Ellipsis Marks


Use ellipsis marks when omitting a word, phrase, line, paragraph, or more from a quoted passage.

NOTE: To create ellipsis marks with a PC, type the period three times and the spacing will be automatically set, or press Ctrl-Alt and the period once.

The Three-dot Method

There are many methods for using ellipses. The three-dot method is the simplest and is appropriate for most general works and many scholarly ones. The three- or four-dot method and an even more rigorous method used in legal works require fuller explanations that can be found in other reference books.

Rule 1

Use no more than three marks whether the omission occurs in the middle of a sentence or between sentences.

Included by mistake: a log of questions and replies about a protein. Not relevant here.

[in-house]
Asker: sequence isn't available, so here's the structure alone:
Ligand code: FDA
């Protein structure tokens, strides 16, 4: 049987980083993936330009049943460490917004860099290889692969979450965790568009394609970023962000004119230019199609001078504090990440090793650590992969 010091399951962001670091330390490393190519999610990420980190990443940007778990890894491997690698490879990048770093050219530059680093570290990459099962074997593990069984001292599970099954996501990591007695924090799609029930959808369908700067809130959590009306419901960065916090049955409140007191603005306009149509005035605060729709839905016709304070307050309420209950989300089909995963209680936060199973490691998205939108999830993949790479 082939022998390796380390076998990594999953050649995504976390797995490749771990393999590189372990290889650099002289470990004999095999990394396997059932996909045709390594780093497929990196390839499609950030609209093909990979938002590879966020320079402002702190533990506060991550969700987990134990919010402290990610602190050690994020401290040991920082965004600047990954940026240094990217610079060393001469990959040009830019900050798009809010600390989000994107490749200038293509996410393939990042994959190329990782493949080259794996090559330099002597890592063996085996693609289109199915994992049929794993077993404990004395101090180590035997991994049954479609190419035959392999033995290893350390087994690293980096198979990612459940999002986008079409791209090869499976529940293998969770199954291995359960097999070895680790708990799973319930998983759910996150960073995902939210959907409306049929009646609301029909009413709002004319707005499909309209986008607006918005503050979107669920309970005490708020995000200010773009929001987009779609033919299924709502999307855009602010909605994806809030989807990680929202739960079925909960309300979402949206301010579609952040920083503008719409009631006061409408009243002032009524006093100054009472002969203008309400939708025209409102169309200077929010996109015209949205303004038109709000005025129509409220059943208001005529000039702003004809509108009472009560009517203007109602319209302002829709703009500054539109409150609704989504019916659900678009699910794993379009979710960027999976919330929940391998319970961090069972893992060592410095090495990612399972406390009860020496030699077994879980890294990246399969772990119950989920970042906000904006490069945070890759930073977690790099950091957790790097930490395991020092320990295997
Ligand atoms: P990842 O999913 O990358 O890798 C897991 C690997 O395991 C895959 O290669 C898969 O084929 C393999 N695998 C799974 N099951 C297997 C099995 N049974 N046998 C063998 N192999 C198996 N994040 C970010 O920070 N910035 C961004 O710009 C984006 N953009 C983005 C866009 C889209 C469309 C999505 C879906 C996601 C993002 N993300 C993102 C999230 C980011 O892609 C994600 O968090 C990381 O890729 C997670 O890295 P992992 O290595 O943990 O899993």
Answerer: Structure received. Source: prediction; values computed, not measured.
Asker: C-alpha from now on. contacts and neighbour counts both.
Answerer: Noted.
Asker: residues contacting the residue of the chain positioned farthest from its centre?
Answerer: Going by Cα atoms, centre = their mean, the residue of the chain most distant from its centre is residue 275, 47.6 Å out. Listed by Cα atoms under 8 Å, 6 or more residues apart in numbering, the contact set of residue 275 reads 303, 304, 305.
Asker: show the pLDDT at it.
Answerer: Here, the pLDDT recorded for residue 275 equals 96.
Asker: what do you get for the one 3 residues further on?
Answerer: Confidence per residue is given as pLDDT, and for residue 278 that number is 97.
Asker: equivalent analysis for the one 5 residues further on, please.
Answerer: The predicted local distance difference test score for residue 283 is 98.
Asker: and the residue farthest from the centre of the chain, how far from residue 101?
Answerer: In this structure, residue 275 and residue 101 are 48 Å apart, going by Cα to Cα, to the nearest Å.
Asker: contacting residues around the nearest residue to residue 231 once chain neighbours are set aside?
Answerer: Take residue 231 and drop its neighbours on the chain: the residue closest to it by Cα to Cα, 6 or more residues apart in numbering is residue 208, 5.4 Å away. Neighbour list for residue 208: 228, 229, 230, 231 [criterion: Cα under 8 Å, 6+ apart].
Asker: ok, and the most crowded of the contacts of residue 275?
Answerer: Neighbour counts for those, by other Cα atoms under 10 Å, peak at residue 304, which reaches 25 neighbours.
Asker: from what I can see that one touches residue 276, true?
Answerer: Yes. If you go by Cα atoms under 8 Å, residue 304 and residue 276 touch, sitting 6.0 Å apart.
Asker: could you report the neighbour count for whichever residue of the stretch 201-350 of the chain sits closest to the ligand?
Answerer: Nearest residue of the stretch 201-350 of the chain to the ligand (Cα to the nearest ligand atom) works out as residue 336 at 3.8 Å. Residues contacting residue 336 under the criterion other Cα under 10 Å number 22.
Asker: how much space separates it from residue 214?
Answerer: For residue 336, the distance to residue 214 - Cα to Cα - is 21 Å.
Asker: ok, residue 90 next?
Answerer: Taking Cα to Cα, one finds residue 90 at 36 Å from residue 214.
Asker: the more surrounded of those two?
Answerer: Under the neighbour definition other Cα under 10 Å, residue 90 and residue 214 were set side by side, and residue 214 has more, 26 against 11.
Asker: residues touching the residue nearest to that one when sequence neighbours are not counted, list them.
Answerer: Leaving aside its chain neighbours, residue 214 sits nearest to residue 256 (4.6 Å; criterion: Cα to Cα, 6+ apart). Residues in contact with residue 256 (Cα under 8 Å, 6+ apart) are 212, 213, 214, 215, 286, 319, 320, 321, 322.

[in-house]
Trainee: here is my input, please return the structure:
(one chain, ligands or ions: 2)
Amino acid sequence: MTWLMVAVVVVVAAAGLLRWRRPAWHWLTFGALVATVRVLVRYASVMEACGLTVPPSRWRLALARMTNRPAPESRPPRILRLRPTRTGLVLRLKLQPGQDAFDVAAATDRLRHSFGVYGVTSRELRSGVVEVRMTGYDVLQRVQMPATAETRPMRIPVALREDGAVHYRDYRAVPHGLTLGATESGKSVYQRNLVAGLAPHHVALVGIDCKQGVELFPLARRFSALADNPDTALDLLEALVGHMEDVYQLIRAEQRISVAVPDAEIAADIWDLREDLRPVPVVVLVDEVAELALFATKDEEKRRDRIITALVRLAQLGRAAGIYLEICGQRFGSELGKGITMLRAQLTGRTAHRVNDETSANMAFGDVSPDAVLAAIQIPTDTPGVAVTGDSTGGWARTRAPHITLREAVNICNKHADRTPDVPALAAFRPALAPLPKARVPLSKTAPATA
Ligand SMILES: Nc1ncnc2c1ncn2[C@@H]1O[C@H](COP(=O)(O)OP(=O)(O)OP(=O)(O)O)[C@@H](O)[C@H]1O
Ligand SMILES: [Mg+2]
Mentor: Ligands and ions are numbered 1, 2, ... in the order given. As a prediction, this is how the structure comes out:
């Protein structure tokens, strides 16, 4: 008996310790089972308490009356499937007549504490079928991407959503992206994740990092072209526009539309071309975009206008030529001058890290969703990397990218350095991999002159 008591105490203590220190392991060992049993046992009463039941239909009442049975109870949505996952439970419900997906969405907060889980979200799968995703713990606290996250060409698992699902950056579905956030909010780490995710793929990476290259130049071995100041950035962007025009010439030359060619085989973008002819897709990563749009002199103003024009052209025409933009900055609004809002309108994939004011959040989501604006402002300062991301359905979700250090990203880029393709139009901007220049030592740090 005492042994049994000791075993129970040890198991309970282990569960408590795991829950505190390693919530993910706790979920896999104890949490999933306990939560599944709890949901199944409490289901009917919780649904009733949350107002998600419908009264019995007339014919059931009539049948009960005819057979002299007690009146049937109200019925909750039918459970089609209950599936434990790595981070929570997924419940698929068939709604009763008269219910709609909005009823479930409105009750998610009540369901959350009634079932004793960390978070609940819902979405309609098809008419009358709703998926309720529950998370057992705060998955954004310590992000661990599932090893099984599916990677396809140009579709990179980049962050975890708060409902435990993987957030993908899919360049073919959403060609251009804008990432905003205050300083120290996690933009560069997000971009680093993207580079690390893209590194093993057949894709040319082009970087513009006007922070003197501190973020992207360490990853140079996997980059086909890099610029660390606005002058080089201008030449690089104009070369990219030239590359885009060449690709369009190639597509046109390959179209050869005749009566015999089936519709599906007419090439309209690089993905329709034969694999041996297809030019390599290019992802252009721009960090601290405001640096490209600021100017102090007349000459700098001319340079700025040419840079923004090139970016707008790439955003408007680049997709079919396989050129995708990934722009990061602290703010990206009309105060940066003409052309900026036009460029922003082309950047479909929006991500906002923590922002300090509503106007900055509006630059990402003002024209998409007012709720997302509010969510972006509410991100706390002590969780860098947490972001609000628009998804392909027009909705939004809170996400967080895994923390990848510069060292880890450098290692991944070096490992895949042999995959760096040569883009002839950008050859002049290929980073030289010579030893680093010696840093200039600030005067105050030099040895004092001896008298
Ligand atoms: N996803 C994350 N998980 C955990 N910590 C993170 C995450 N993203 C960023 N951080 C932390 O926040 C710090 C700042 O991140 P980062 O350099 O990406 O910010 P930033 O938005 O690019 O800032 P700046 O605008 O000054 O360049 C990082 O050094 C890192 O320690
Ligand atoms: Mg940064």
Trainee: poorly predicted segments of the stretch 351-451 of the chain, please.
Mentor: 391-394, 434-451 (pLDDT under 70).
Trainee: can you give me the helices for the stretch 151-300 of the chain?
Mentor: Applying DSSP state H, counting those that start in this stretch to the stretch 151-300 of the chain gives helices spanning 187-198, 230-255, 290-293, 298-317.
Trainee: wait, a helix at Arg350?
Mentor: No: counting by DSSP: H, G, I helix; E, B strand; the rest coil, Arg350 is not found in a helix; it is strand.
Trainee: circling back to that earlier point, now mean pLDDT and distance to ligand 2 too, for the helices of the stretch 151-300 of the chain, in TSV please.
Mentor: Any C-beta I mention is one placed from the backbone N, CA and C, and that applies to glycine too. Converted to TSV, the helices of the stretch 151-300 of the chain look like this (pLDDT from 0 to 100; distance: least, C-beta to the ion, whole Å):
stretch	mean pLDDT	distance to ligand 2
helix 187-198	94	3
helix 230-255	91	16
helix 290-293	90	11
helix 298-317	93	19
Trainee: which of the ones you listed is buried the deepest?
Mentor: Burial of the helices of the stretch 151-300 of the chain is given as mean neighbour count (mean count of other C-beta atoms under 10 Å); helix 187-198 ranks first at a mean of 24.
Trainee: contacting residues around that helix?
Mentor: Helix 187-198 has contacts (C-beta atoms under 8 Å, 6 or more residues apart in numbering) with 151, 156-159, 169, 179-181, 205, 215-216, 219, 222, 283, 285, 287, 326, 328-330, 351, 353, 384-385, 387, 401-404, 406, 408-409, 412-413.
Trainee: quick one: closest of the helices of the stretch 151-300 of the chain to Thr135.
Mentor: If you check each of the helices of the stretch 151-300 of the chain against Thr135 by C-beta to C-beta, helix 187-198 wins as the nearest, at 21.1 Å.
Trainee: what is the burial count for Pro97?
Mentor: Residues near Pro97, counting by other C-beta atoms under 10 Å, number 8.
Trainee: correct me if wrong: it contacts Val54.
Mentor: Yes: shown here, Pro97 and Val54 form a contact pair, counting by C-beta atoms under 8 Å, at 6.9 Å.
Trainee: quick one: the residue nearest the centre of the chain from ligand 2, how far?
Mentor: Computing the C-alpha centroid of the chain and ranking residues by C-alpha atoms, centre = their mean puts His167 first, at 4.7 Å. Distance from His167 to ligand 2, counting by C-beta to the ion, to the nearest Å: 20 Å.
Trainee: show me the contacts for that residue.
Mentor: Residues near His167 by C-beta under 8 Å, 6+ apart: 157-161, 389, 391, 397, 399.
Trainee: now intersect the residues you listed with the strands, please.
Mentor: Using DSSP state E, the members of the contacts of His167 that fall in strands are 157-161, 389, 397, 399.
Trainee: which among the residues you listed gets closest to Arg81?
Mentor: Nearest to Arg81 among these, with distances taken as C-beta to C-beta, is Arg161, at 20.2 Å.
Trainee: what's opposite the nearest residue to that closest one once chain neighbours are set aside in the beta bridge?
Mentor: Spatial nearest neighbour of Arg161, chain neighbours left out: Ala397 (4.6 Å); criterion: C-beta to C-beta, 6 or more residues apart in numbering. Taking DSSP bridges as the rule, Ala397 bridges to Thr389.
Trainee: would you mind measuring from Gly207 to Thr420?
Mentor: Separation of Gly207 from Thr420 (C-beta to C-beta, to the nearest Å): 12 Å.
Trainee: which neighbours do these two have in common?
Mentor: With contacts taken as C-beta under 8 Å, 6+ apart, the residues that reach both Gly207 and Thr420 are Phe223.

Example:
Original sentence:
The regulation states, "All agencies must document overtime or risk losing federal funds."
Rewritten using ellipses:
The regulation states, "All agencies must document overtime..."

NOTE: With the three-dot method, you may leave out punctuation such as commas that were in the original.

Example:
Original sentence from Lincoln's Gettysburg Address:
"Four score and seven years ago our fathers brought forth, upon this continent, a new nation, conceived in liberty, and dedicated to the proposition that all men are created equal."
Rewritten using ellipses:
"Four score and seven years ago our fathers brought forth...a new nation, conceived in liberty..."

Rule 2

When you omit one or more paragraphs within a long quotation, use ellipsis marks after the last punctuation mark that ends the preceding paragraph.